There are two options for how fund managers select securities within the ETF sphere — passive and actively managed funds. In a passively managed ETF, a fund manager buys a basket of consumer discretionary companies with a broad index. Alternatively, fund managers can buy or sell stocks in a sector at their discretion with actively managed funds.
Of course, both options come with a fee, but it’s often minimal compared to the work involved. And the key is that investors remain diversified, potentially mitigating the volatility that comes with owning individual stocks. Plus, as economic factors change, such as a sudden spike in unemployment, active fund managers can tilt their holdings to take advantage of buy and sell opportunities.
Some examples of ETFs in the consumer discretionary space include:
Consumer Discretionary Select Sector SPDR® Fund (XLY)
XLY tracks an index of consumer discretionary stocks in the S&P 500. The fund has about $19 billion in assets under management and an expense ratio of 0.10 percent. Some of its top holdings include Tesla (TSLA), Nike (NKE), and Starbucks (SBUX).
Vanguard Consumer Discretionary ETF (VCR)
VCR provides exposure to a basket of about 300 companies in the consumer discretionary sector, excluding media and entertainment companies. This fund has about $6 billion in assets under management and has an expense ratio of 0.10 percent. Among its top holdings are Amazon (AMZN), Target (TGT), and McDonald’s (MCD).
ProShares Pet Care ETF (PAWZ)
ProShares has created an ETF that tracks global public companies delivering pet food, veterinary services, and other products for pet parents. The fund has about $230 million in assets under management and charges a management fee of 0.50 percent. Some of its biggest holdings include Freshpet (FRPT), Trupanion (TRUP), and Petco Health and Wellness (WOOF).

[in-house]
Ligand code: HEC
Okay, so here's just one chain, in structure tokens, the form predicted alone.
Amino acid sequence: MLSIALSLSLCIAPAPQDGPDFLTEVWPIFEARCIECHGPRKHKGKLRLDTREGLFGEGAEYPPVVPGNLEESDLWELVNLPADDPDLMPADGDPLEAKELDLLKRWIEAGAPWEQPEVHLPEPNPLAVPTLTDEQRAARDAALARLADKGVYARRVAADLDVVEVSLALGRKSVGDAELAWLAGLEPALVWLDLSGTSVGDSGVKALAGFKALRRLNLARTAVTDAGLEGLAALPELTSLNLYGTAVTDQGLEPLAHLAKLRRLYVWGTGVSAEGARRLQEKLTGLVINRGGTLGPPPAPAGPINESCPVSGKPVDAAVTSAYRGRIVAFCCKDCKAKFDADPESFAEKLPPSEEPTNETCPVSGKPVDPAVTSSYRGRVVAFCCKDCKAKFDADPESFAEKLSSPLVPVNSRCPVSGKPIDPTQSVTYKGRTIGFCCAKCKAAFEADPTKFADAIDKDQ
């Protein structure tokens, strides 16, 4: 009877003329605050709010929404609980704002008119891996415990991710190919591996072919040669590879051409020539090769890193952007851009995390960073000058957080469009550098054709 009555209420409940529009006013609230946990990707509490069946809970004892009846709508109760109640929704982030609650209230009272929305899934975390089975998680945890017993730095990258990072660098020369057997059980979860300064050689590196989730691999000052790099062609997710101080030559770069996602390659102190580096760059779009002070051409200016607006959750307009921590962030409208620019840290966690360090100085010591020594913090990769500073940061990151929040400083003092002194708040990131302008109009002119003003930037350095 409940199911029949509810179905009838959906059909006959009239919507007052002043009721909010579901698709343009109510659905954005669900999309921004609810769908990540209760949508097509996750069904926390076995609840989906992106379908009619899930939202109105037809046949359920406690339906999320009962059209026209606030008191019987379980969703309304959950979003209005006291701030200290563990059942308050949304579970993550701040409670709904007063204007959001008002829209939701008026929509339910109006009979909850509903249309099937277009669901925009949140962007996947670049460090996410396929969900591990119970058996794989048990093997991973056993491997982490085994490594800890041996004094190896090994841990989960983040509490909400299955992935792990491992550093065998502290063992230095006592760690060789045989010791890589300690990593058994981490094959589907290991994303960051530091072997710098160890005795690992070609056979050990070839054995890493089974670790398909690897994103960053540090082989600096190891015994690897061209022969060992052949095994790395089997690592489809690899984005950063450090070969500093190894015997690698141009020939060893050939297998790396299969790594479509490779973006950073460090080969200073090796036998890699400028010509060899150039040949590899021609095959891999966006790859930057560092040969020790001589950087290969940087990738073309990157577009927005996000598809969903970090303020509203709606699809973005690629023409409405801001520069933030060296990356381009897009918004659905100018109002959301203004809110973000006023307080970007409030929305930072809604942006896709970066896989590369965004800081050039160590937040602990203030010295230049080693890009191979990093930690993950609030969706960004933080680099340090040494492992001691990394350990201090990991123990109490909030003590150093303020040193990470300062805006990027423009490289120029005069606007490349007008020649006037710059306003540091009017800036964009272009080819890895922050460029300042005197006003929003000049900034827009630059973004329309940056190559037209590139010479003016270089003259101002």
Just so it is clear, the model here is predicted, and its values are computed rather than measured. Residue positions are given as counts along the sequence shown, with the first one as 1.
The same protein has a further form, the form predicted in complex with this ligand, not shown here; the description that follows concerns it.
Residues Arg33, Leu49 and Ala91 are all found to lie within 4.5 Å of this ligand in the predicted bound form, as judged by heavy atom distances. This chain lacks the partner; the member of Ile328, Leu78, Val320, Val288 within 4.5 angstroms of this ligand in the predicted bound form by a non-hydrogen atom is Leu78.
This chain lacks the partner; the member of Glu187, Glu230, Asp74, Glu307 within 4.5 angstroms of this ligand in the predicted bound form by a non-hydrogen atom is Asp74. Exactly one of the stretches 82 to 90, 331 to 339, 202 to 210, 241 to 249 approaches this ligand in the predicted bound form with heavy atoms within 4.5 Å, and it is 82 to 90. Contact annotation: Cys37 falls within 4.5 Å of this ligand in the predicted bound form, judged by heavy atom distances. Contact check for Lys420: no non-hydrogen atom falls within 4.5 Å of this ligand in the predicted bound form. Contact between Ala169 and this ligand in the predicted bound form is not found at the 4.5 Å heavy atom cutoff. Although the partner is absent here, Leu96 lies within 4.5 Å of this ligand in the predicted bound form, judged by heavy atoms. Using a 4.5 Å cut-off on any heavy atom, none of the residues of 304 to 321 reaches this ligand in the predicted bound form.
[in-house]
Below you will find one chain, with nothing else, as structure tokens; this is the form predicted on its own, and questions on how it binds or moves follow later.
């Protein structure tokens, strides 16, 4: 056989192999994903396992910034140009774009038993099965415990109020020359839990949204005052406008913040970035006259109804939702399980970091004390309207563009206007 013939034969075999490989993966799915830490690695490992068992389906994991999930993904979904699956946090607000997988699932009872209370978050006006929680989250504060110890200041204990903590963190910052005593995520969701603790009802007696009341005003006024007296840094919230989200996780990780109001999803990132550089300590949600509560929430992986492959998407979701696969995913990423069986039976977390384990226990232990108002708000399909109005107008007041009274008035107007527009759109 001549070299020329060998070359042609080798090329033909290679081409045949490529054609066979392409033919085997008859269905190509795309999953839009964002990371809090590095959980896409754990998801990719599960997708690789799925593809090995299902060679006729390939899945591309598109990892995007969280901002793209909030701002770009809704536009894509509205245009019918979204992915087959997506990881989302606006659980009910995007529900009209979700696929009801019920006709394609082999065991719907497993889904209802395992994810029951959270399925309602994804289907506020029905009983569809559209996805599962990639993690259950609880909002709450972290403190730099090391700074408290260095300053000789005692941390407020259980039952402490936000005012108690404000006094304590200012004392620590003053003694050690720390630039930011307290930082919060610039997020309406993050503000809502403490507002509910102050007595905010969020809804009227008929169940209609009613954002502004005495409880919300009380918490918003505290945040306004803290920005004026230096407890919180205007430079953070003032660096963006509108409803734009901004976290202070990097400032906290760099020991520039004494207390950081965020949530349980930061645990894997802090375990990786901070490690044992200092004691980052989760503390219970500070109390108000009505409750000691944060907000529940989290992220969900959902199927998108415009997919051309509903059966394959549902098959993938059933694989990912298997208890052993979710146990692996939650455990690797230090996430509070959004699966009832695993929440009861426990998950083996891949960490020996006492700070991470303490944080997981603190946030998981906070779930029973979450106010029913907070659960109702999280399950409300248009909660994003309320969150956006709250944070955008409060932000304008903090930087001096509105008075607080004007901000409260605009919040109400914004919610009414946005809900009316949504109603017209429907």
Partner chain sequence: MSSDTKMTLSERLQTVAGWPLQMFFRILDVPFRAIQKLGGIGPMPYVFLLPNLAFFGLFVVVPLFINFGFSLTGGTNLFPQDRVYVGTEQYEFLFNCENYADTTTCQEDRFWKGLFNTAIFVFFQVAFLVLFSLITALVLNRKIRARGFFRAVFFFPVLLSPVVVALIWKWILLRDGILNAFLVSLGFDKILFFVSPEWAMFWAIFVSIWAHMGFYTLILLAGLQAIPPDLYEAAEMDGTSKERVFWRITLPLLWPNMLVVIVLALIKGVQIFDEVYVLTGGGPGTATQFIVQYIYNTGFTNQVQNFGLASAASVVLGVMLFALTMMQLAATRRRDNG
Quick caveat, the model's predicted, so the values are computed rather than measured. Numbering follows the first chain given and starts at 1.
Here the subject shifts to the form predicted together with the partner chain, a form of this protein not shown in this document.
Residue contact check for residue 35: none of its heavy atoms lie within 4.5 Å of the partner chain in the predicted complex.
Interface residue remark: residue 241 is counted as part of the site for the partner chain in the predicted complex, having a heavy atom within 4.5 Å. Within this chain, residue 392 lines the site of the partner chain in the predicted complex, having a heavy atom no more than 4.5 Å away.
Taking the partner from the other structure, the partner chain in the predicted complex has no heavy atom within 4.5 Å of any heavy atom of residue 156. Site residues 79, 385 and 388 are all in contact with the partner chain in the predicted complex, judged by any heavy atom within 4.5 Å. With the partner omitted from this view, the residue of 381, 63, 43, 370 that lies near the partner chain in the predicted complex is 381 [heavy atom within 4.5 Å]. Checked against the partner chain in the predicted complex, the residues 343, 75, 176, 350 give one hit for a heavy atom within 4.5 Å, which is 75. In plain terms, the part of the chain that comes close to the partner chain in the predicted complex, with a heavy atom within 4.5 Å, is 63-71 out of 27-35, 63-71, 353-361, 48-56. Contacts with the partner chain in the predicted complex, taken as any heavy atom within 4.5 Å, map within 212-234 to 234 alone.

Retail investors have access to a plethora of ETFs through most online brokers.
Consumer discretionary vs. consumer staples: How they differ
Consumer discretionary stocks tend to perform well during economic expansions, making them attractive to investors who foresee an uptick in spending. However, these companies can be more sensitive to changes in the economy, especially if people hold back or postpone unnecessary purchases.
Conversely, consumer staples stocks can be more resilient to changes in the business cycle since they provide essential items like food and beverages. Companies like Procter & Gamble (PG), Coca-Cola (KO), and Hershey (HSY) belong to this group.
Investors often turn their attention to consumer confidence when deciding between these two sectors. This crucial economic indicator, tracked by the University of Michigan’s consumer sentiment index, closely monitors consumer spending habits and optimism about the economy. Combined with metrics like the unemployment rate and inflation, they help predict consumers’ willingness to spend.
As the pandemic slows, many consumers are itching to spend. The key is to monitor this spending behavior closely, particularly if geopolitical factors or higher inflation throws a wrench on the trend.